67 U] o .,, a, o o C Pi o o C) · - 1 Sat En Go g a) O A: U] ~5 ~ O ~ W ·,1 sat O hi: .,. 3 o m o U] a, Id o 0 a) P U. - 0 o o w Al ~ W J:: 0 t) 0 U] a ~ ~ g 0 0 0 ~ ~ 0 UD o .,, o Cal o U] ~ ~ a, · - X ~ 0 a ~ 0 it; O or 1 0 o as anon ~ co ~ Do 1 1 1 1 1 1 1 O O O 0 0 0 0 X X X X ~ x kg 0D u~ a~ ~ · c e c c c c kg O O ~1 CO ~1 CO 1 1 1 1 1 1 1 O O O O O O O - 1 ~1 ~1 ~1 ~1 ~1 ~1 X X X X X X U~ ~ L~ C C C C C C C 0o ~ CO ~ U~ O O a, ~ cn _I cc' ~I CO 1 1 1 1 1 1 1 O O O O O O O ~1 ~1 - 1 ~ X X X X X X X U~ ~ O ~ ~ U~ c c c c ~ c c 0h 0 ~ 0D ~ U~ ~ ~C ~ ~mm a) c · - 1 1 1 1 1 1 1t- O ~O O O O O O O - a) ~ ~ ~ ~ ~ ~ ~ ~= ~_ 3 ~X X X X X X X O ~ ~C co ~n e C C C C C C C C C .< ~ O C 1 0 \9 ~ ~ - ·,' O X 0 ~ ~ .. C =-- .- ~ O a, ~ ~ ~ ~ ~ ~ c 0 a) ·- ~ .,' 0 C) O ~ Z U] ~U]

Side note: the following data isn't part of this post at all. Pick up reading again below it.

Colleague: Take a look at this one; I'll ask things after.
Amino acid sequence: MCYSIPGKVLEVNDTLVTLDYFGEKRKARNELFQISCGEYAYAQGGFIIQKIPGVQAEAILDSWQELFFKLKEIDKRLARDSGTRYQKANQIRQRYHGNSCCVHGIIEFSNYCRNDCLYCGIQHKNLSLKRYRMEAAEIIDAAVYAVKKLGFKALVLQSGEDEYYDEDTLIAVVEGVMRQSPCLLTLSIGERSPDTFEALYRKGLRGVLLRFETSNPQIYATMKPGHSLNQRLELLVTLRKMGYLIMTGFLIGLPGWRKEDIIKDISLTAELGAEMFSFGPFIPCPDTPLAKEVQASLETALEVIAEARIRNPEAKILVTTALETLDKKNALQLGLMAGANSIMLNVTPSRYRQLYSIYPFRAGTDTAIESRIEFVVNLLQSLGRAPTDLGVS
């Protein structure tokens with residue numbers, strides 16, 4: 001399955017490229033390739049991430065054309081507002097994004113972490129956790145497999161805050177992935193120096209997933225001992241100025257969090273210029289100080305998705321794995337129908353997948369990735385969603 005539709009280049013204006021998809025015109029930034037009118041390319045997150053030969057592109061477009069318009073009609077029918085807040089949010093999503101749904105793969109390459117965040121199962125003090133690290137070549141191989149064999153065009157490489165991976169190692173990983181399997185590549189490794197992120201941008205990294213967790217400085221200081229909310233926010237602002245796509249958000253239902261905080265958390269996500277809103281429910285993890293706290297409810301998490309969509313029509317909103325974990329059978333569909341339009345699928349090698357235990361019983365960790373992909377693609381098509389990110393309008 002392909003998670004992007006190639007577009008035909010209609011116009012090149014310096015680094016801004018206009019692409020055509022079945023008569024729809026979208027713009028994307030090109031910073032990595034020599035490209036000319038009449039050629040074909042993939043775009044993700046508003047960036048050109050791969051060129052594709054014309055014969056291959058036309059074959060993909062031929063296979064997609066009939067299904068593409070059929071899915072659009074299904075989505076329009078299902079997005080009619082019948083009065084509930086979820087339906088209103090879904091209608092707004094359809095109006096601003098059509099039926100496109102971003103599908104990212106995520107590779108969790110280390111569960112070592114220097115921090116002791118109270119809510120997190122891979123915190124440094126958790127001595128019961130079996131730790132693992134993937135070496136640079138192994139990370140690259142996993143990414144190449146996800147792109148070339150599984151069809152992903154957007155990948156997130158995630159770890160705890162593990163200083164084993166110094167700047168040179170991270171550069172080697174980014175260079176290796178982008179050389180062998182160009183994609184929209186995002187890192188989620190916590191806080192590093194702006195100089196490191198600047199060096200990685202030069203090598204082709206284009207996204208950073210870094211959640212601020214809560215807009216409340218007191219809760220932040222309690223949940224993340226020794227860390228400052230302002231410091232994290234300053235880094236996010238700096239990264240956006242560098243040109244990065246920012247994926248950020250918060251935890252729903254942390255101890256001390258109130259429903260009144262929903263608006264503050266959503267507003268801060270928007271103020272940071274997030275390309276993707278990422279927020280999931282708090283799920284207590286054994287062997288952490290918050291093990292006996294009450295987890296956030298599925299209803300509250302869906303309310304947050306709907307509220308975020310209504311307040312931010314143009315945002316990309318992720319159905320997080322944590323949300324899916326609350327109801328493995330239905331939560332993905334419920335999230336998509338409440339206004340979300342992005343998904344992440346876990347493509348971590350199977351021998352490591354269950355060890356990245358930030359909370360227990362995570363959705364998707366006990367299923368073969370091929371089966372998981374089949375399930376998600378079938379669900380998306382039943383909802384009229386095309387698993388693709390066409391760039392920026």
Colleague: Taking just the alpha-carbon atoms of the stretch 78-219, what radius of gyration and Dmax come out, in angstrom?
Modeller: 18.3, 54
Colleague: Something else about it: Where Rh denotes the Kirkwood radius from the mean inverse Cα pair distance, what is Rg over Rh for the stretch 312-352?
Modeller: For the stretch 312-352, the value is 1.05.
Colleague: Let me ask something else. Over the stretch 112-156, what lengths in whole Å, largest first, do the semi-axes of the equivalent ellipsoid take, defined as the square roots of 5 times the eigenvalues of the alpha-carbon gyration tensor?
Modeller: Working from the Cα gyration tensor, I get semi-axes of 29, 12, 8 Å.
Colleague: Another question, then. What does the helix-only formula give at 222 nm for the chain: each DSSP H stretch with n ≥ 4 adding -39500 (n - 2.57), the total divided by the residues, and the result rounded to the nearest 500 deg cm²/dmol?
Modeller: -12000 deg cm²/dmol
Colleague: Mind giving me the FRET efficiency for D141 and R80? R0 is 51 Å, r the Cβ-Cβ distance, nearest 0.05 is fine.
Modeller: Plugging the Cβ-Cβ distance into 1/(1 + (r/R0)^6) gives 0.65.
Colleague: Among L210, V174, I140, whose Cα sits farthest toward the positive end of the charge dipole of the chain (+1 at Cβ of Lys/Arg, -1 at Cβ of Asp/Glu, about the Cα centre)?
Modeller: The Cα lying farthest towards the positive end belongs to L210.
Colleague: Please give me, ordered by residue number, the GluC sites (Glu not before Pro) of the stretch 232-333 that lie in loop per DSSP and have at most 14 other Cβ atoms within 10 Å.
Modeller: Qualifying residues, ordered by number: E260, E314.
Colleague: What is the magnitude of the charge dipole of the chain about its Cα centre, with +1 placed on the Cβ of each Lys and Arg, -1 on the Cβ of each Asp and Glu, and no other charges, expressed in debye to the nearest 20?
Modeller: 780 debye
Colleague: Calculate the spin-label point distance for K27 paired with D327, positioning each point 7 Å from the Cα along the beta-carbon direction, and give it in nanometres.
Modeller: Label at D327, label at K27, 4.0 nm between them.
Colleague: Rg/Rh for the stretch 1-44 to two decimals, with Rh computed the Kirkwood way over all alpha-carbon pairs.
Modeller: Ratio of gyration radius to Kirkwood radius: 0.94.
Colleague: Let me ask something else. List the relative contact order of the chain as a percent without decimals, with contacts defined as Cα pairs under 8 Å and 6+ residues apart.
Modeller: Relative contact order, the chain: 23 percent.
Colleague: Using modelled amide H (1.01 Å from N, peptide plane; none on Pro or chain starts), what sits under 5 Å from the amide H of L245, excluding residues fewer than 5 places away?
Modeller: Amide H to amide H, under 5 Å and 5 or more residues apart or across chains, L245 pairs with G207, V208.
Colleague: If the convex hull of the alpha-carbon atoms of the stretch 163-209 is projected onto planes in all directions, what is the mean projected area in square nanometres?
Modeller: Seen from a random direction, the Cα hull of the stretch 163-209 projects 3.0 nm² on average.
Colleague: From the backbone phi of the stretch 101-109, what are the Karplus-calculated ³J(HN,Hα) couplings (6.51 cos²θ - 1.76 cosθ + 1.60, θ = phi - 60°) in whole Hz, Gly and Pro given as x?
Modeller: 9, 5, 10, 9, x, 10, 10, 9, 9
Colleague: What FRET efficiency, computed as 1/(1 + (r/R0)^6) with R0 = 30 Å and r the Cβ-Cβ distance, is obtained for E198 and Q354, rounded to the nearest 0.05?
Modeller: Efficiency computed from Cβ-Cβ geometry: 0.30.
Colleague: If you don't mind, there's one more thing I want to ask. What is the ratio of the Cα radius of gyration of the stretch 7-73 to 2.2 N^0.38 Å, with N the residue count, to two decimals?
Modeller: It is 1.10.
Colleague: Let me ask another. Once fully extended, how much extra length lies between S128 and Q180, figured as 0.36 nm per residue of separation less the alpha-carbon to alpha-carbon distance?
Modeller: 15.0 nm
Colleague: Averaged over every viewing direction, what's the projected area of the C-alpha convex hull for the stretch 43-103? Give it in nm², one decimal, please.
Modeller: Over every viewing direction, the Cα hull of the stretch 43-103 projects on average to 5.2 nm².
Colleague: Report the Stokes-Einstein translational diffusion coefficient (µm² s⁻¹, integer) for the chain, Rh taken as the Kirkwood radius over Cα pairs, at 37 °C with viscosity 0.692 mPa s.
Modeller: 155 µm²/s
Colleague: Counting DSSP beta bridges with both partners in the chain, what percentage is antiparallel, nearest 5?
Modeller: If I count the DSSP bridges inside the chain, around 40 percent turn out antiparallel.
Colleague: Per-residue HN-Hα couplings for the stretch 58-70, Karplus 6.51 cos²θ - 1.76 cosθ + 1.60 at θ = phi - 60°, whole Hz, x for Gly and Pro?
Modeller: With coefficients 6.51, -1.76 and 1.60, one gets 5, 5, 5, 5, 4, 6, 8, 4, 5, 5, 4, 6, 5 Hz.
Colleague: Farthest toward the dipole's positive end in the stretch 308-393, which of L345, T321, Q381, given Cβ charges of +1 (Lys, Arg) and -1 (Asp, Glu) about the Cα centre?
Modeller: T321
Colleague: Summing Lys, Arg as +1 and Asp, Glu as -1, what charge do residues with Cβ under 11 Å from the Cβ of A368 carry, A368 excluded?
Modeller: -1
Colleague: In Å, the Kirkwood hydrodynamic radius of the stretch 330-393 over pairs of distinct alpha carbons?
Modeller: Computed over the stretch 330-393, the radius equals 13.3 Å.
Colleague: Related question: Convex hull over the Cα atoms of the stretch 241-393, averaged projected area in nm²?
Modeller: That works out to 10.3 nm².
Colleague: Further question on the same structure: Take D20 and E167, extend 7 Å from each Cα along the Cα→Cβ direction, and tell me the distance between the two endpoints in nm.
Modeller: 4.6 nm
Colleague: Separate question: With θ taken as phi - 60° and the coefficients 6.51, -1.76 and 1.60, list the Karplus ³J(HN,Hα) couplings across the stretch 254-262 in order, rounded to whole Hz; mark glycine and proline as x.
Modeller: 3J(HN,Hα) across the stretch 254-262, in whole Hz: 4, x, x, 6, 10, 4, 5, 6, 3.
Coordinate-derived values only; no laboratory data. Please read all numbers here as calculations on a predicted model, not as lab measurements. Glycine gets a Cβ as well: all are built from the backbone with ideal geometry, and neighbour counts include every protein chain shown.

68 2.4 ULTIMATE FATE Present studies of the fate and effects of contaminants rarely extend to-spatial scales larger than several kilometers. Such scales are not always large enough to determine either fate or effects. For example, less than 10 percent of the trace metals that have been discharged from one southern California sewage outfall has been found in nearby sediments (Bering and Abati, 1978; Morel et al., 1975). Discharged substances presumably stay with the water after discharge, either on slowly settling particles or in solution. They will travel with the different plank- tonic organisms in the water. There is little information on their interaction with these plankton. We can infer from the ability of DDT to accumulate in pelicans that there may be interactions. DDT was discharged for several years through a Los Angeles County Sanitation District outfall off Palos Verdes. Pelicans throughout the Southern California Bight accumulated it, and as a consequence were unable to maintain their population levels. Eggshell thinning and subsequent reproductive failures implicated the DDT from the outfall. This accumulation by pelicans implies that the sewage effluent was interacting with planktonic organisms because (1) pelicans must have derived their ODT from the surface fishes (such as anchovy and sardines) that they eat, and (2) surface fish accumulated DDT from the plankton in their diets or directly from the water. Thus, discharged waste can be in contact with plankton long enough to have an impact on these higher-trophic-level organisms. The waste/seawater mixture created by a discharge does not simply drift into oblivion. In coastal areas such as the Southern California Bight, circulation and exchange with the open ocean can be inhibited by subsurface topography. Large-scale circulation rates as well as local advection determine contaminant concentrations over large areas. We expect slower water exchange in deeper waters because topographical constraints also increase with depth. Trace-metal concentration measurements in more than 500 m of water off the southern California coast by Barcelona et al. (1982) suggest that regional near-surface discharge has increased copper concentrations two to five times. This was in areas more than 15 km from the nearest major sewage outfall. Thus, far-field processes are important aspects of waste disposal. The spatial scale over which this occurs implies that releases